CFT Preseason Top 25: No. 2 Oregon

5 Comments

2013 record: 11-2 overall, 7-2 in Pac-12 Conference (2nd in South division)
2013 postseason: Alamo Bowl vs. Texas (30-7 win)
2013 final AP/coaches’ ranking: No. 9/No. 9
Head coach: Mark Helfrich (11-2 overall; 11-2 in one year at Oregon)
Offensive coordinator: Scott Frost (5th year at Oregon)
2013 offensive rankings: 9th rushing offense (273.5 ypg); 21st passing offense (291.5 ypg); 2nd total offense (565 ypg); 4th scoring offense (45.5 ppg)
Returning offensive starters: eight
Defensive coordinator: Don Pellum (22nd year at Oregon)
2013 defensive rankings: 66th rushing defense (165.5 ypg); 21st passing defense (204.5 ypg);  37th total defense (370.1 ypg); 13th scoring defense (20.5 ppg)
Returning defensive starters: five
Location: Eugene, Oregon
Stadium: Autzen Stadium (58,000; FieldTurf)
Last conference title: 2011

THE GOOD
The most underrated aspect of Oregon’s football program is the commitment found within its coaching staff. It’s not to say there hasn’t been turnover in the program. Head coach Chip Kelly left the Ducks prior to last season. Defensive coordinator Nick Allioti retired during the offseason after spending 24 seasons with the program. Instead of rushing out to hire the hottest coach available on the market, the program simply promotes from within. Mark Helfrich is now entering his second season as the team’s head coach after serving as the Ducks’ offensive coordinator the previous four seasons. The team’s new defensive coordinator, Don Pellum, spent 22 years as a full-time assistant. During the last 16 years, Pellum was tasked with coaching the linebackers. While each promotion brings slight tweaks to the system, the influences of Rich Brooks and Mike Bellotti during their tenures as head coach remains a part of the program. The Ducks have continued to build from the day Brooks was hired as their head coach in 1977  to today. As a result of the continuity built within program, Oregon has developed into one of the premier programs in the nation. A program that has the talent to win a national championship this season.

THE BAD
The tempo at which the Ducks operate on offense is always a double-edged sword. While the offense can be impossible to stop at times, the defense can also be gashed by opponents. When the Ducks went to the BCS National Championship Game in Jan. 2011, they surrendered 346 yards per game and the offensive’s time of possession was 27:54 minutes per game. During each of the past three seasons, the Ducks have given up more yards per game and operated at a faster pace. It’s not a good combination. The Ducks have had talent on the defensive side of the football during those years, but they simply didn’t play to the same level that finally led them to the title game. This season isn’t any different. Senior cornerback Ifo Ekpre-Olomu is arguably the best cornerback in college football. Defensive lineman Arik Armstead is a considered an early-round prospect for the 2015 NFL draft. Defensive end Tony Washington returns after leading the team with seven sacks last season. The team’s leading tackler, Derrick Malone, is also back in the middle of the defense. There is talent at all three levels of the Ducks defense. Oregon is more than just a flashy offense. The team’s defense has to play at a high level for the Ducks to be a part of the first College Football Playoff.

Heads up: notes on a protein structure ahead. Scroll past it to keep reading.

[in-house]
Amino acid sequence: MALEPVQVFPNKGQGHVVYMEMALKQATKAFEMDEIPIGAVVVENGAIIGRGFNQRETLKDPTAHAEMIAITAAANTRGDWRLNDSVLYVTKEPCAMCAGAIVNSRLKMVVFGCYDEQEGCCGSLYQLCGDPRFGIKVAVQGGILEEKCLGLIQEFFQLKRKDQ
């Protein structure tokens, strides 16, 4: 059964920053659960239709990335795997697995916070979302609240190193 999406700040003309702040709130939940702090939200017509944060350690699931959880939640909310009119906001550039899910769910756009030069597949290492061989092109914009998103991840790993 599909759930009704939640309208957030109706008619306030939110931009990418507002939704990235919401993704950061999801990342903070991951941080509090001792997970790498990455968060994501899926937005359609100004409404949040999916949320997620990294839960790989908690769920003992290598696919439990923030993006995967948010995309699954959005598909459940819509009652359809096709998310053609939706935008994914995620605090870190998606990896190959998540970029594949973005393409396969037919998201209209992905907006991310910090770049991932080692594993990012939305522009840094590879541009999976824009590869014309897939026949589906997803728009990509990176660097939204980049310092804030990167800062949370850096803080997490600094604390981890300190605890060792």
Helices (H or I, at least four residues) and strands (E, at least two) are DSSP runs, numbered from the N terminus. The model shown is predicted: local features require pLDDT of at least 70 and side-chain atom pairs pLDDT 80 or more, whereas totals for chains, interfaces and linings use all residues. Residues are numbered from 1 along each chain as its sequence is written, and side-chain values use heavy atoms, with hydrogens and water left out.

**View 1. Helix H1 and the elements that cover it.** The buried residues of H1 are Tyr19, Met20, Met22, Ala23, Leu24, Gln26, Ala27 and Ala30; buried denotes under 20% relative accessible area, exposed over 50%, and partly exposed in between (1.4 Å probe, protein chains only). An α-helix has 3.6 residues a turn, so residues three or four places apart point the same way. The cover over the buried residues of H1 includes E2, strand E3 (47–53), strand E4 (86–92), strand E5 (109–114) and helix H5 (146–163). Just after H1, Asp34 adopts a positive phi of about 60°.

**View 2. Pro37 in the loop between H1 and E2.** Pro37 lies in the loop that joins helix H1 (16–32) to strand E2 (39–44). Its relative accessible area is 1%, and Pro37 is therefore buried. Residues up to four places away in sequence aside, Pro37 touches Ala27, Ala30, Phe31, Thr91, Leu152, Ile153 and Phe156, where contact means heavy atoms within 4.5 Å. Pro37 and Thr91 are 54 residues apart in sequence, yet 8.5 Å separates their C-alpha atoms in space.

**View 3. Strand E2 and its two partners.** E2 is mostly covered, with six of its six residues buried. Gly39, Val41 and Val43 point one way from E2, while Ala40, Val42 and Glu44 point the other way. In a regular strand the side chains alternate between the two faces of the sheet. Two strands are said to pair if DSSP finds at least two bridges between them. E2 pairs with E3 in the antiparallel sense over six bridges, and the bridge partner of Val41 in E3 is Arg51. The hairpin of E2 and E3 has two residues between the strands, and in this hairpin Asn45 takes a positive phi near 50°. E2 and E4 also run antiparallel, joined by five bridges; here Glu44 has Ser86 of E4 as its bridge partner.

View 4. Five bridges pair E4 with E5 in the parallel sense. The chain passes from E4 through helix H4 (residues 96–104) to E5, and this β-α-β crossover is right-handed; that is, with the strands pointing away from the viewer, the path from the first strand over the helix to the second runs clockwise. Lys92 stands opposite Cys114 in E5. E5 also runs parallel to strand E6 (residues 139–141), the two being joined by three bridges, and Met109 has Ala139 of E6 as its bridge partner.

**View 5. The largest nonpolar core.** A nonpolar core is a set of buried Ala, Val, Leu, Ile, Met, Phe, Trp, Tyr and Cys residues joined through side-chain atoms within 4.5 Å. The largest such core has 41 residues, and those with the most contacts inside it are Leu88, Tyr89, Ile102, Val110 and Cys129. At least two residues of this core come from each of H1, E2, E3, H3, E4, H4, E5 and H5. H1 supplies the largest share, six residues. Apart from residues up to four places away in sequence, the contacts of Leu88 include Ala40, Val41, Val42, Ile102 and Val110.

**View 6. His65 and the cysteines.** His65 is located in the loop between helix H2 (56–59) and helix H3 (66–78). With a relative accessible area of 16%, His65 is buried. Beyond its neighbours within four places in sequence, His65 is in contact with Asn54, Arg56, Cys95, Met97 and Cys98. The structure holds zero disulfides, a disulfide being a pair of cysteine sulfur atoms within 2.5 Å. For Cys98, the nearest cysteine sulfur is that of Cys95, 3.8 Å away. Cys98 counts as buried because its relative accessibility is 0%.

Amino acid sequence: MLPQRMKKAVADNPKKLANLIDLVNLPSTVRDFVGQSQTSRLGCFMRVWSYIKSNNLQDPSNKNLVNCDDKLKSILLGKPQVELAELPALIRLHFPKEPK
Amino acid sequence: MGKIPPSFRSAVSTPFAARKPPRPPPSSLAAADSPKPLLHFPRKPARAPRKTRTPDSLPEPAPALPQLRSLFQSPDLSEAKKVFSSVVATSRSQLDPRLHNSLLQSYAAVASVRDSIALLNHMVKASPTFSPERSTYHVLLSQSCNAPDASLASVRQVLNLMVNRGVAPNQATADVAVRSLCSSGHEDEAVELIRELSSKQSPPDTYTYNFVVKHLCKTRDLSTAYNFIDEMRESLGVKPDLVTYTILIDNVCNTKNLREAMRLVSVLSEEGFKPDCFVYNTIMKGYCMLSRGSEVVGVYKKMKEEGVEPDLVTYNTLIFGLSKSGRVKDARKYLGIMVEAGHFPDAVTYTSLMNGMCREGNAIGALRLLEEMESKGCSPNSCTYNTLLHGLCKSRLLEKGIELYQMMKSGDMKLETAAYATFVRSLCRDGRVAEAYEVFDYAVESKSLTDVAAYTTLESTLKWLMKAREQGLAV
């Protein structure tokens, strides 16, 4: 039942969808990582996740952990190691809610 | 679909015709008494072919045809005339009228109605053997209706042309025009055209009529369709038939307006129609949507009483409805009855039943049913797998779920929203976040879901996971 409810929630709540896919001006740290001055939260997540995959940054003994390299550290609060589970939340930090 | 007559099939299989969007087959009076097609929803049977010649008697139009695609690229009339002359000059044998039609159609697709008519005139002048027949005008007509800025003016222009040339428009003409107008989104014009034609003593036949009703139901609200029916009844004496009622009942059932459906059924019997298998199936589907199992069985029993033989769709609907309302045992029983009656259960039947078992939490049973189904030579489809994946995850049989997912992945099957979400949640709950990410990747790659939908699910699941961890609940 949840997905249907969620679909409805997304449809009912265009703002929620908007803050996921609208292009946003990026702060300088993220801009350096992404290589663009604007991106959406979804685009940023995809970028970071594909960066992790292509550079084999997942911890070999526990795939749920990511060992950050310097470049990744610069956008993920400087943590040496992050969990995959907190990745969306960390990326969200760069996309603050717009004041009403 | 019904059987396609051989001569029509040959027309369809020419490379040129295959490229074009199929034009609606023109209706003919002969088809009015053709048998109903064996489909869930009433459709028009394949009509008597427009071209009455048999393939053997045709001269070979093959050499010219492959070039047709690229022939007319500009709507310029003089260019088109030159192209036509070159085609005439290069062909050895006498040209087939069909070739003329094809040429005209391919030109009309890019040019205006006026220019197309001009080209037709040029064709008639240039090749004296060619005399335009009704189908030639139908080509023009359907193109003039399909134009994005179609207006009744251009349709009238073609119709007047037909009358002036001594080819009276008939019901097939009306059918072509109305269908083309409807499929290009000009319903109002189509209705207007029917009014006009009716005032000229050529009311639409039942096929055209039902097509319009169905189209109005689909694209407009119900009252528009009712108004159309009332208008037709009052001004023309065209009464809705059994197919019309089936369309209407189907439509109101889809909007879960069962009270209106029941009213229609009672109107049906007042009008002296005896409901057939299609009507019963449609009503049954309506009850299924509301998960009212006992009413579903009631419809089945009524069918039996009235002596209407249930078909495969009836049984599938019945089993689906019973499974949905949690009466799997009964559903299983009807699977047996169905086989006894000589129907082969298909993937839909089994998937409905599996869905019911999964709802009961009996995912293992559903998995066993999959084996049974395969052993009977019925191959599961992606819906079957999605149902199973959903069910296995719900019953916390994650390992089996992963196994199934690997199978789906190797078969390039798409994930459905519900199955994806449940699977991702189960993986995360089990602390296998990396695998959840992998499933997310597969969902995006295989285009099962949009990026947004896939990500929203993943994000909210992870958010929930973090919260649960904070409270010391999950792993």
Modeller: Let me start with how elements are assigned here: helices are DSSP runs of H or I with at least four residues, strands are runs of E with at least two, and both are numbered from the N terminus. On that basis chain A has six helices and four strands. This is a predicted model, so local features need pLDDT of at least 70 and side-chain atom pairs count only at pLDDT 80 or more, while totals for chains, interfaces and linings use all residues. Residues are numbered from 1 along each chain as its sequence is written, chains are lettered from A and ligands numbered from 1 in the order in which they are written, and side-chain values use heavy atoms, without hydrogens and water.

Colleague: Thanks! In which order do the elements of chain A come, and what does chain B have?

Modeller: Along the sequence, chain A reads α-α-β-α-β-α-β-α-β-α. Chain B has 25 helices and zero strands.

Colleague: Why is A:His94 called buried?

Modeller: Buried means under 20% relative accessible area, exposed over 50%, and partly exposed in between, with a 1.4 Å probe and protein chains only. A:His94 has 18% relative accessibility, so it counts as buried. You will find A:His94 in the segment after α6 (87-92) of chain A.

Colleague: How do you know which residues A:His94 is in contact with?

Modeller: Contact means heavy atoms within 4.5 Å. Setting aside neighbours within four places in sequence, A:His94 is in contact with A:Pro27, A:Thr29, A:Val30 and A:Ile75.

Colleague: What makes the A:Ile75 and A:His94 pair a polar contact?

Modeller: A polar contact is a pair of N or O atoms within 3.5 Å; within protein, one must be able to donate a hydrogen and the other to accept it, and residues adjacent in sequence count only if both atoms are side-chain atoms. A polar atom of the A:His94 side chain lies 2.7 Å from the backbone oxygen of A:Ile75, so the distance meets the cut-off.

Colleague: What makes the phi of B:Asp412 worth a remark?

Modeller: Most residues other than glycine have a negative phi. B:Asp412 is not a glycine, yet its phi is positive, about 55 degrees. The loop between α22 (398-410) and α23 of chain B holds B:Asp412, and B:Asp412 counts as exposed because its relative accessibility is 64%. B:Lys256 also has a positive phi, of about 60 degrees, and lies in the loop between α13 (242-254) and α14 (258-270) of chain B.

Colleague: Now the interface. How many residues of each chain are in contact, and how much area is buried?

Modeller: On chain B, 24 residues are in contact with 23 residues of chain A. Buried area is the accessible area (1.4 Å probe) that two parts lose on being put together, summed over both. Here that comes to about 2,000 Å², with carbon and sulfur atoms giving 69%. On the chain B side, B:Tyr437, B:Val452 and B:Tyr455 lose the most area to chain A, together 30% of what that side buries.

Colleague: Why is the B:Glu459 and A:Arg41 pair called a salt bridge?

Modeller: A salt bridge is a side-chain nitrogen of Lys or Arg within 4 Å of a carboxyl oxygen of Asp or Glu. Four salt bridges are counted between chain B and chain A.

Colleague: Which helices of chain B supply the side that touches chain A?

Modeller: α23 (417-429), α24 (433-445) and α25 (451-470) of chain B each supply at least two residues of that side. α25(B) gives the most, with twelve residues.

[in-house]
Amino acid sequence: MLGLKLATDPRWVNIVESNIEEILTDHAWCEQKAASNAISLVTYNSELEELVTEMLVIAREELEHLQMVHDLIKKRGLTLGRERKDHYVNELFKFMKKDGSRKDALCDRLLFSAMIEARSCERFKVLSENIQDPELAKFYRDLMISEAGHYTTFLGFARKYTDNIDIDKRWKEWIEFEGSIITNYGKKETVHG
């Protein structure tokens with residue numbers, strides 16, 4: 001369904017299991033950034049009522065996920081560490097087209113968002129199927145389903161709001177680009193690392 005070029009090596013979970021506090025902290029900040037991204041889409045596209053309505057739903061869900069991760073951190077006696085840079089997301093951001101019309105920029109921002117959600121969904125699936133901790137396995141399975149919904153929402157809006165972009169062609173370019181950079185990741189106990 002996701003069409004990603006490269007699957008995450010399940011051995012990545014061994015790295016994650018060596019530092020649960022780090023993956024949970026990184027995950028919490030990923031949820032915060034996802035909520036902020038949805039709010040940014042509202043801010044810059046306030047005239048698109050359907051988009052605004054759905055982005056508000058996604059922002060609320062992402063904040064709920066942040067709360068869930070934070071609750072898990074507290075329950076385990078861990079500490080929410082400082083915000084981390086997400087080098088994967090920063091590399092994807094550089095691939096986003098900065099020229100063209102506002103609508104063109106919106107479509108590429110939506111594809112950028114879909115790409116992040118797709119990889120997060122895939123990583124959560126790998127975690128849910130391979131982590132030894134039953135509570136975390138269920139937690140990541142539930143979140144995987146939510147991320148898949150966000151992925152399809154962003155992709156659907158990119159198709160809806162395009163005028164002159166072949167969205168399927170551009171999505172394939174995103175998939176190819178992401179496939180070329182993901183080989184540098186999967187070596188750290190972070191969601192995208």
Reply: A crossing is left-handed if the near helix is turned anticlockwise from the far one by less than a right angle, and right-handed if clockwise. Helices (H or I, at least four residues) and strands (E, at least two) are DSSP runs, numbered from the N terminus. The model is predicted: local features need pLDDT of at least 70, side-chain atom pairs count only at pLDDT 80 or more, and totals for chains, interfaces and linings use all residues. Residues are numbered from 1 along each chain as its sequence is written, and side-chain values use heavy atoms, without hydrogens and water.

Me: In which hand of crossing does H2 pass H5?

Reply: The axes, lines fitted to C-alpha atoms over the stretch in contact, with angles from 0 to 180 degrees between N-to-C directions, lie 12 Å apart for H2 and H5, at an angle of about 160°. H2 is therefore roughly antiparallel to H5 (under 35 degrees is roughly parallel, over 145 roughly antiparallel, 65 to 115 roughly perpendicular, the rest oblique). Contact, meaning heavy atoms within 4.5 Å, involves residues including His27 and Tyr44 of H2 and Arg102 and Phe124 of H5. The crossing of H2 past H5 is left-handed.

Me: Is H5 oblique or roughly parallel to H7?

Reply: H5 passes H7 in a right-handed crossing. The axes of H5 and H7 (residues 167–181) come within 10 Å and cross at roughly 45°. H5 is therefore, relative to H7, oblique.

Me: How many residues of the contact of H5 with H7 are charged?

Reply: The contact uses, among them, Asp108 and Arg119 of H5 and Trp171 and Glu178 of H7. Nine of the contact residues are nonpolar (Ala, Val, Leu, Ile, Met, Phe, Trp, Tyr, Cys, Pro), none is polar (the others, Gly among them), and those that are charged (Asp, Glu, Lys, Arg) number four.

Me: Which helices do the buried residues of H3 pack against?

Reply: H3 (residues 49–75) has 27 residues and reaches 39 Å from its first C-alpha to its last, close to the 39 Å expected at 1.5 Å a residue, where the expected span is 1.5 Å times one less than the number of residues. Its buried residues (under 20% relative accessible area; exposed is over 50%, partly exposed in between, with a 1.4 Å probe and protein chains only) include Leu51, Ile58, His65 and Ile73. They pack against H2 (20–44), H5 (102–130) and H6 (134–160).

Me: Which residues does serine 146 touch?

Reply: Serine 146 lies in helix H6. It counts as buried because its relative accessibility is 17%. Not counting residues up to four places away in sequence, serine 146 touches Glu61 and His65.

THE UNKNOWN
Kelly’s approach to offensive line play was there wasn’t much difference between playing guard and tackle in his system. The system hasn’t changed under Helfrich, but the importance of the tackle position is far more pertinent this season. The team’s senior left tackle, Tyler Johnstone, re-tore his ACL at the start of fall camp. It caused Helfrich to reshuffle his offensive line. Junior Andre Yruretagoyena will replace Johnstone on the blindside. There are two issues any time there are major changes along the offensive line. The first is building continuity within the unit to operate at a high level. Due to the team’s heavy zone-blocking scheme and its tempo on offense, this can be especially difficult to establish. The Ducks also lost the leadership and experience Johnstone brought to the lineup after starting 26 straight games. Furthermore, Yruretagoyena will be protecting the blindside of the one of the nations’ top quarterbacks, Marcus Mariota. The No. 1 goal for the Oregon’s offensive line this season is keep Mariota healthy. And that proposition may be a little more difficult with the veteran at left tackle.